Composting: Past and Present

Municipal Solid Waste (MSW) poses a difficult and complex problem for society

Municipal Solid Waste (MSW) poses a difficult and complex   problem for society.  Some of the difficulties arise because the MSW stream is quantitatively large and qualitatively   heterogeneous, reflecting the myriad consumer products manufactured in modern industrial society.  Inconveniently,   MSW is largely generated in densely populated areas where its   management is most constrained.  Thus the problem cuts across   a very wide range of human activities and interests.  At the same time, MSW represents a uniquely familiar environmental   problem, in that everyone contributes to it palpably in the course of daily living. (Finstein 1992)

The application of composting to municipal solid wastes in mechanised treatment plants has been recorded in the technical literature going back 50 years of more.  The recorded use of "refuse derived fuel" (RDF) is even older (Alter 1984).  The earliest recorded use of municipal solid waste in its  discarded form as a fuel to generate steam during the last quarter of the nineteenth century, apparently in England. The technology  was quickly adopted in the United States, Germany and Japan.   In New York City, in the 1890's solid waste was handpicked to remove useful materials and the residue became  another form of RDF which was burned to generate electricity.  Jeris and Regan (1973) describe composting plants of the 1920s and 1930s.  In 1961 Brunt described the Engineering and Economics of Composting Plant, reviewing plants in Scotland against "old fashioned" processes in the USA, Italy and Denmark.  Interestingly this paper has one of the first mentions of 60 degrees C as a minimum composting temperature.   Gothard (1959) describes a composting plant in Jersey and suggests process temperatures should be greater than 65oC to ensure sanitisation of materials.  Harrison (1965) describes the composting plant in Leatherhead.  Hoortenstein and Rothwell (1973) review the use of composted municipal refuse as a "soil amendment" going back to 1944.  de Haan 1981 and Obeng et al. 1987 briefly review the use of composting by the Netherlands, another country with a long history of applying composting to waste.  The composting plant at Wijster was opened in 1929, and by the end of 1960 fifteen composting plants were operating in the Netherlands, some at very large scales (Teensma 1961) and a number of composting plants operated in the USA through the 1960s (US EPA 1971).  Indeed the first issues of the journal "Compost Science" date back to 1961.  The year the authors of this critical review were born.

By 1971 composting in the UK had declined to 0.3% of the annual MSW arising. Composting plants existed at Worthing and Chesterfield. A Working Party on Refuse Disposal report to the Department of the Environment (1971) described the state of the art in composting in some detail, and much of what it says about composts (then produced from mechanically segregated and ground refuse) might seem very familiar to today’s experts.  The compost was seen as a soil conditioner rather than a fertiliser, given its contamination with "undesirable" inorganic materials.  The Working Party concluded that it is evident that to date municipal compost has had little or no attraction in agriculture or horticulture in Britain, nor do we think its attraction to be much greater as a humus or soil conditioner in private gardens. In these circumstances there seemed to be no justification for installing composting plants on the basis of an expected sale of compost unless governmental subsidies were made available for the agricultural use of compost. Composting a fill material for landfill was seen as having few advantages over using pulverised refuse.  Net composting production costs, allowing for sale of compost, were estimated at £3 per tonne, which is probably higher in real terms than net processing costs today (typical gate fees £15 to £25 per tonne, depending on throughput).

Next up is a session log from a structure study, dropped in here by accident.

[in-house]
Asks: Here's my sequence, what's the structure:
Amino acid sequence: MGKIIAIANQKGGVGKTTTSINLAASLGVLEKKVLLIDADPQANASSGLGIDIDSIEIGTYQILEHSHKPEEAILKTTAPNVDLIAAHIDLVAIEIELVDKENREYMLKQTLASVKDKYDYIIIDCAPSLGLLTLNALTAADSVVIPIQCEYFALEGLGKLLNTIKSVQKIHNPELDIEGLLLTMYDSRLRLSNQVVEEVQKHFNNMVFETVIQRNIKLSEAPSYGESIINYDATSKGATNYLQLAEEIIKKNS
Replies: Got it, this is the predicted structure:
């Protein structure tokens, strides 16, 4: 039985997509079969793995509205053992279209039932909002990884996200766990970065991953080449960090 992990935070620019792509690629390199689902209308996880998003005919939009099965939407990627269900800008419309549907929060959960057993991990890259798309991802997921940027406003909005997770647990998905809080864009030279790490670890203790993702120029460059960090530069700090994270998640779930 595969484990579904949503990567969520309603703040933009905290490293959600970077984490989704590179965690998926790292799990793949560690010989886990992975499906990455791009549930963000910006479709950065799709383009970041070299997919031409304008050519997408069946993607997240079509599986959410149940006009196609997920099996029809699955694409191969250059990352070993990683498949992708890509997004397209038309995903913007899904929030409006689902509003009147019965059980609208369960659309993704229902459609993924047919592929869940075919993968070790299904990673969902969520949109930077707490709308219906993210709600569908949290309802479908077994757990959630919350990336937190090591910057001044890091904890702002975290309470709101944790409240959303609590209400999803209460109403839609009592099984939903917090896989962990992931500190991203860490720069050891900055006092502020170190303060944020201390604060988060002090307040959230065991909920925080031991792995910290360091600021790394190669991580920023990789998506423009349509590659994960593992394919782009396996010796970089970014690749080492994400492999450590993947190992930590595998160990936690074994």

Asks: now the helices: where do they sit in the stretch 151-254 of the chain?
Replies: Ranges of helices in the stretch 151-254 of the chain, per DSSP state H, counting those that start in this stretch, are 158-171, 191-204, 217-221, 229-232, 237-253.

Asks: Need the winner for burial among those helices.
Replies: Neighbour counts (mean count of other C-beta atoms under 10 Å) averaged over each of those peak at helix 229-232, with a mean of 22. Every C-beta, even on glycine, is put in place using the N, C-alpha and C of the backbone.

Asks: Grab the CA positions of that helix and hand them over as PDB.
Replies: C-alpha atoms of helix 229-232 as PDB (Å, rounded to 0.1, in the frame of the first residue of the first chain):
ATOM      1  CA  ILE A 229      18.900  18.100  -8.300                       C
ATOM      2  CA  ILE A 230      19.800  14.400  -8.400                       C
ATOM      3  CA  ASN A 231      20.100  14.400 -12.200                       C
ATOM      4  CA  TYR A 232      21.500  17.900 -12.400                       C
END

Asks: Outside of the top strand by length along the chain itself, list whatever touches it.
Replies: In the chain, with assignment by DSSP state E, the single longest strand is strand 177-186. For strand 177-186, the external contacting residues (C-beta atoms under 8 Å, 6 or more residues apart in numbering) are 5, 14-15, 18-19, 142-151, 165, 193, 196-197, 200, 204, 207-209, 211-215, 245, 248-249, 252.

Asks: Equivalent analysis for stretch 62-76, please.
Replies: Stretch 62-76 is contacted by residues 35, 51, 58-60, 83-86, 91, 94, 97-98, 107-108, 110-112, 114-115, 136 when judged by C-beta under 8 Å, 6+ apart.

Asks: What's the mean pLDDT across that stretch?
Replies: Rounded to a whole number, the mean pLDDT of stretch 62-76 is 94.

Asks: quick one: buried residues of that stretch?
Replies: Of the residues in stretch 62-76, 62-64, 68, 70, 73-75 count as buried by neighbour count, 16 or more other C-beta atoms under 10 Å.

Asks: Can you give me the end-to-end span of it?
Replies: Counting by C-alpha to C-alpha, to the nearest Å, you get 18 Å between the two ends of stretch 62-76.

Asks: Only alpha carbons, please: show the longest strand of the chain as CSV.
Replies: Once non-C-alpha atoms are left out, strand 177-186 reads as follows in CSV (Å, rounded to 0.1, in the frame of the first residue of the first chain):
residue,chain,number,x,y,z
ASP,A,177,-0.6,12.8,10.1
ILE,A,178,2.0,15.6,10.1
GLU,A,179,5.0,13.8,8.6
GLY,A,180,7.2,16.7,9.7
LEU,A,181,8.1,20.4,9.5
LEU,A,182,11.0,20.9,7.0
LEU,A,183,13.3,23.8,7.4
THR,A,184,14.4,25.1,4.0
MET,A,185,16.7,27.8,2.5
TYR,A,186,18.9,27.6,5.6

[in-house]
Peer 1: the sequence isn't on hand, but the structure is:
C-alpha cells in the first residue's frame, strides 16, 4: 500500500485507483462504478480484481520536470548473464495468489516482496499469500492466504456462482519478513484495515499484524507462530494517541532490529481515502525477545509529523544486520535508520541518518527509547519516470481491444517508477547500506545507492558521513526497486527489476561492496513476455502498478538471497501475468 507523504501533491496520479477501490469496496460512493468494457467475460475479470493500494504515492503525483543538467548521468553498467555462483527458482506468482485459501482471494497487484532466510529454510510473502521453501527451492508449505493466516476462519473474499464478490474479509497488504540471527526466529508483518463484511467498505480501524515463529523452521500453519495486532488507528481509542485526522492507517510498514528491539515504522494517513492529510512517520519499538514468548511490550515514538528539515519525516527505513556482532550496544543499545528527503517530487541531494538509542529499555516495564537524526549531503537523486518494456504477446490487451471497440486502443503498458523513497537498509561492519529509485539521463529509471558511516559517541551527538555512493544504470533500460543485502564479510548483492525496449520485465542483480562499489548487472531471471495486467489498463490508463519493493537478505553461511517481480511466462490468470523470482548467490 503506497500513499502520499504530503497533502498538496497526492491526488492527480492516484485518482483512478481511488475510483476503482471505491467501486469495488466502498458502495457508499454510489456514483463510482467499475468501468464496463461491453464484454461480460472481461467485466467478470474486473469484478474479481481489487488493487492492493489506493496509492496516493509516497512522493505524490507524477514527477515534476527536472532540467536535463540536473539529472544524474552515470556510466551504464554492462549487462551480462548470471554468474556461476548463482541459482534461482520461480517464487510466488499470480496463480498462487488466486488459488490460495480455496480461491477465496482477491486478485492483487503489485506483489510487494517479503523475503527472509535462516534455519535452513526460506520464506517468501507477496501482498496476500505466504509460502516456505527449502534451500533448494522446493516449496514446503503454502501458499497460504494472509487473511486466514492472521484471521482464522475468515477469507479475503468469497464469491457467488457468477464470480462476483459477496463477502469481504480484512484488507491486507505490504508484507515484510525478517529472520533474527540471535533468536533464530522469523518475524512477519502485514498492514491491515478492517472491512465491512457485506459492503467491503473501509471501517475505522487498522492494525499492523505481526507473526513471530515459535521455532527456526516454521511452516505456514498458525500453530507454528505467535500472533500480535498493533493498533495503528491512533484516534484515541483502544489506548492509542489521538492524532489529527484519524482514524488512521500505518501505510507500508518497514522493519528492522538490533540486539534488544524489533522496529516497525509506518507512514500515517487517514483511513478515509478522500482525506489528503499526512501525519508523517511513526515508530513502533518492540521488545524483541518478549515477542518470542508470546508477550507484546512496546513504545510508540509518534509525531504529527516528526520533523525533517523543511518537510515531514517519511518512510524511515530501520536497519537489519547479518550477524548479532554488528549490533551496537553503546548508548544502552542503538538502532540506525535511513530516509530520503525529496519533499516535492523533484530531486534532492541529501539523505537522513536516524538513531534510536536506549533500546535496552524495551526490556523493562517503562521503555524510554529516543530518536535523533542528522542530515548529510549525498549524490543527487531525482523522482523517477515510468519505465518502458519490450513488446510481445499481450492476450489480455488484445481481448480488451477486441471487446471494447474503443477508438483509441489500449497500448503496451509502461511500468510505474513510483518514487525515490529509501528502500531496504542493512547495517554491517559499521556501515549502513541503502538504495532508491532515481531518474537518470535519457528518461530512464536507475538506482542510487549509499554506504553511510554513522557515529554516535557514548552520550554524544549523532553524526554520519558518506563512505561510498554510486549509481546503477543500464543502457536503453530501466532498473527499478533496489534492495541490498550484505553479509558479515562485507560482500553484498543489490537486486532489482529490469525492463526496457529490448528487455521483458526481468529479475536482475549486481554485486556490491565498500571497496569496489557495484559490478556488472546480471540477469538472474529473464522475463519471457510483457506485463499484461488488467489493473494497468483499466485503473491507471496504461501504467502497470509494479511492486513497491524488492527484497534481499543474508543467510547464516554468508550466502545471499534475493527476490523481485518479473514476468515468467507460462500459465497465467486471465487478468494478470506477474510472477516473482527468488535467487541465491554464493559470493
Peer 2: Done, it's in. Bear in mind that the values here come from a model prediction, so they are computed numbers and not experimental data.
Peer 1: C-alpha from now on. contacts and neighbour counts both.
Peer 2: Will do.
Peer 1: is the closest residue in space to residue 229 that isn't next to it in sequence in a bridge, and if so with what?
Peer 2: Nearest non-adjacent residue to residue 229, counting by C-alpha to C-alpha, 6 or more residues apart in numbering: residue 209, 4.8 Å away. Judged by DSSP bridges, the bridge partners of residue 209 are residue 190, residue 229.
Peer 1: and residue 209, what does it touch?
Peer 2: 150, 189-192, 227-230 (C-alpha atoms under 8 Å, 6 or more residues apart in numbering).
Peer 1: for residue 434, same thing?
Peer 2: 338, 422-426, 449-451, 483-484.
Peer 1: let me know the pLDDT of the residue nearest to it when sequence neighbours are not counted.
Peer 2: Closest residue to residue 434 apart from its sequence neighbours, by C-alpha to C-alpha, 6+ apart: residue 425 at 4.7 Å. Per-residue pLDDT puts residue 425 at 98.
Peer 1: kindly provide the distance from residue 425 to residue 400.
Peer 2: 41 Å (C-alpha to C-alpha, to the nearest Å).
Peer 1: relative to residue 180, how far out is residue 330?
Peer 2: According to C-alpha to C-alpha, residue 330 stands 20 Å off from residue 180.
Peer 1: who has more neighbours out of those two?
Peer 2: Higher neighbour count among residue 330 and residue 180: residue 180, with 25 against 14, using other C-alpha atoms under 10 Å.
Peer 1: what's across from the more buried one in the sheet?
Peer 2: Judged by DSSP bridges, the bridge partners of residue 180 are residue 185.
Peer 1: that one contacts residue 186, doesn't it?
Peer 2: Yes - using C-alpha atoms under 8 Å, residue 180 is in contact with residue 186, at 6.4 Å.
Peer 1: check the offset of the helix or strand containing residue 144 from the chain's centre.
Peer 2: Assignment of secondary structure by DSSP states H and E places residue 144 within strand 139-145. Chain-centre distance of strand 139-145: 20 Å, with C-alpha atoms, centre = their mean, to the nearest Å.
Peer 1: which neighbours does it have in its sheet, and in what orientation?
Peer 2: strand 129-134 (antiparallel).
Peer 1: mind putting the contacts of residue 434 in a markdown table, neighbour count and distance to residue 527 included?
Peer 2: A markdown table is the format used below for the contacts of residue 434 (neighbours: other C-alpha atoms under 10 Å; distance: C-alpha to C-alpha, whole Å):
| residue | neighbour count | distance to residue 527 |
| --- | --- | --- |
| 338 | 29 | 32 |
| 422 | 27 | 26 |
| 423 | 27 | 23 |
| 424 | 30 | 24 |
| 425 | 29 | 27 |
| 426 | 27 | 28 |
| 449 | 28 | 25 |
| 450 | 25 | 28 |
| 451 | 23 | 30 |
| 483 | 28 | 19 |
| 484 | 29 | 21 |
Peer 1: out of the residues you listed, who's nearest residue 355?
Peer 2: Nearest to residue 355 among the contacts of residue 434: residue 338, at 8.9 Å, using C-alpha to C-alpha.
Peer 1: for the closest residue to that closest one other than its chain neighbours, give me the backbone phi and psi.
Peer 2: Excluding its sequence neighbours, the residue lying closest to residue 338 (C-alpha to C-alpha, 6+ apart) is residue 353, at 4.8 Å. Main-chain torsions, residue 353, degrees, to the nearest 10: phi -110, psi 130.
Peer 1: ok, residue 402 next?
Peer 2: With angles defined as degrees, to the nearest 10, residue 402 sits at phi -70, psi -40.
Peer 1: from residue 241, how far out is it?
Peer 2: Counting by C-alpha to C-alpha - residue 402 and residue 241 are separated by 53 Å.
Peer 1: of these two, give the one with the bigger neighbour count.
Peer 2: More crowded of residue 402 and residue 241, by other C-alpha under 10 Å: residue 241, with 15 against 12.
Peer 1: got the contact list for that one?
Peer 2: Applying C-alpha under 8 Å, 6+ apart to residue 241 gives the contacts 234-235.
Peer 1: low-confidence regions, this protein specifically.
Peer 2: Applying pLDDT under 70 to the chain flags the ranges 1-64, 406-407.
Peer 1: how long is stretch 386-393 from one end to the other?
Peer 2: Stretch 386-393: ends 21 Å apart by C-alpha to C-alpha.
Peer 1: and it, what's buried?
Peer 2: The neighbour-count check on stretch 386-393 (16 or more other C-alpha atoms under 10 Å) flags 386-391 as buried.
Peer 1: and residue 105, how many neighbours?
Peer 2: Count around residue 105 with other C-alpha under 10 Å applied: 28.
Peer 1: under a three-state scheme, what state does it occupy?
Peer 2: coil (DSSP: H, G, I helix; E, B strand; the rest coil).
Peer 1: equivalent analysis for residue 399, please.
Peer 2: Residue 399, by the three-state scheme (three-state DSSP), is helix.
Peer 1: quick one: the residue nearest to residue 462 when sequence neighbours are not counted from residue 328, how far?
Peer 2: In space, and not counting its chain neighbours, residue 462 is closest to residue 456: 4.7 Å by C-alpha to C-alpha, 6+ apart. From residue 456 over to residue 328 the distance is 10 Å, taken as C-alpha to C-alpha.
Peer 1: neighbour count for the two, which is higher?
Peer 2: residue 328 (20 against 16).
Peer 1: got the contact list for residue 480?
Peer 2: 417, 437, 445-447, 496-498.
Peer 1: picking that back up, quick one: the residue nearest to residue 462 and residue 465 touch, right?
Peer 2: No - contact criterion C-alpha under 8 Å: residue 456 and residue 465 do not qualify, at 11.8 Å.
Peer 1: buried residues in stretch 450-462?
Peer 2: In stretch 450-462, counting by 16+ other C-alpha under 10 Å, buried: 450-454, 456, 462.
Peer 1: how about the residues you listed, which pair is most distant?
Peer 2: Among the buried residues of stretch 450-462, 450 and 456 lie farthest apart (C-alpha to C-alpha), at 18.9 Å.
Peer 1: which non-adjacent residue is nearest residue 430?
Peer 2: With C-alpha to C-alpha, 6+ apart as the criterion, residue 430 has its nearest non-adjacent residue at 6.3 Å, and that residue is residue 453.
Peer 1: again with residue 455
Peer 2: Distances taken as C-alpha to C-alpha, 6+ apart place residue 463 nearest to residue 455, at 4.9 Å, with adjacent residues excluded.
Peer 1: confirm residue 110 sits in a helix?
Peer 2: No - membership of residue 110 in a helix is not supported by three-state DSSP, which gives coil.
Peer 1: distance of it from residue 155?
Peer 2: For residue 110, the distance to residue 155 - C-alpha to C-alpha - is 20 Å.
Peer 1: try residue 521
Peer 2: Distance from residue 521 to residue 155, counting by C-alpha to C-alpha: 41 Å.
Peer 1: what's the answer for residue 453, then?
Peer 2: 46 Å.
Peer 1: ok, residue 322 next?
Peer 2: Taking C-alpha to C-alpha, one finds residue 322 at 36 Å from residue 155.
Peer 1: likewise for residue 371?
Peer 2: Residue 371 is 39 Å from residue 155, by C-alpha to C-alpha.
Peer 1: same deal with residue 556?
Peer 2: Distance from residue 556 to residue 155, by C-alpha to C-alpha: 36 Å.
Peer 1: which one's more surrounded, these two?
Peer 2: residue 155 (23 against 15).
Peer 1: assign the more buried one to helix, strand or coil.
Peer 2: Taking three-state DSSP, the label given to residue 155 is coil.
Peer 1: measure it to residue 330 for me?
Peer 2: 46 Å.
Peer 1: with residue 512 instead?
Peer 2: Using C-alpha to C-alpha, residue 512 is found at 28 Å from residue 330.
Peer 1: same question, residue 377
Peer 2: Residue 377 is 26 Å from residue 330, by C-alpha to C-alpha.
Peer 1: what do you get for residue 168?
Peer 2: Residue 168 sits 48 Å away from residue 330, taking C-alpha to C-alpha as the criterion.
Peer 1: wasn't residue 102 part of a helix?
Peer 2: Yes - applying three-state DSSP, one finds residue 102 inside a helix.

The research into composting by Biddlestone et al. at the University of Birmingham stimulated renewed interest in composting (e.g. Gray et al. 1973).   Their work investigated and documented the key composting process control parameters: aeration and temperature and to a lesser extent pH, referring back as far as the work of Waksman in the 1930s (e.g. Waksman and Cordon 1939).  Gray et al. 1973 listed  composting plants around the world.  Three composting process approaches were identified in the UK: DANO, NUSOIL, and RENOVA., all based on mechanically segregated fractions of MSW.  Operating plants in the UK were located at: Blyth (2 tonnes per day throughput), Chesterfield (40-50 tpd), Cowdenbeath (DANO 10-13 tpd), Locherbie  (DANO 30 tpd), Dum. Kirkconnel (10 tpd), Jersey (vertical compost reactor - up to 80 tpd),  Leatherhead (DANO 45 tpd), Leicester (DANO 70 tpd), Newark, Paisley (80 tpd), Radcliff (DANO 20-25 tpd), Wetherby (up to 66 tpd), Worthing (up to 45 tpd).  However, Gray et al. also listed a number of composting plants which were closed down between 1971 and 1973, located at: Bristol, Cheadle and Gatley, Edinburgh, Kilmarnock, Manchester,  Middlesbrough, Twickenham.  A plant at Caister was the only facility built after 1971 (Gray and Biddlestone 1980).  Biddlestone and Gray reported retrospectively on their work in 1980.  While there was clearly concern about the content of trace elements in the composts made from MSW, acute toxicity in crop plants was rarely observed and boron appeared to be the chief culprit.  Stead and Irwin (1980) described a composting facility near Chichester.

The most well known of the composting plants in the UK was the DANO plant at Leicester (Wanlip) which produced a composted product called "Lescost".  This even merited an item on the children’s TV show  Blue Peter, which mentioned that the compost could be used in parks, but was not suitable for growing food.  Ultimately the Lescost plant shut down (Hughes 1977).  The Wanslip plant was originally built in 1966, damaged by fire in 1968 and recommissioned in 1969. The plant operated till the mid-1970s and shut down because it could not find markets for its composts.  Hughes (1977) reports that the compost stockpile was sold on quite easily, although Clark (1973) reports that the compost quality was poor and could not easily be sold while the plant was operating.  The plant (and others) is listed in the case studies section of this review.  Wanlip was the last major composting plant processing mechanically segregated MSW for some time in the UK.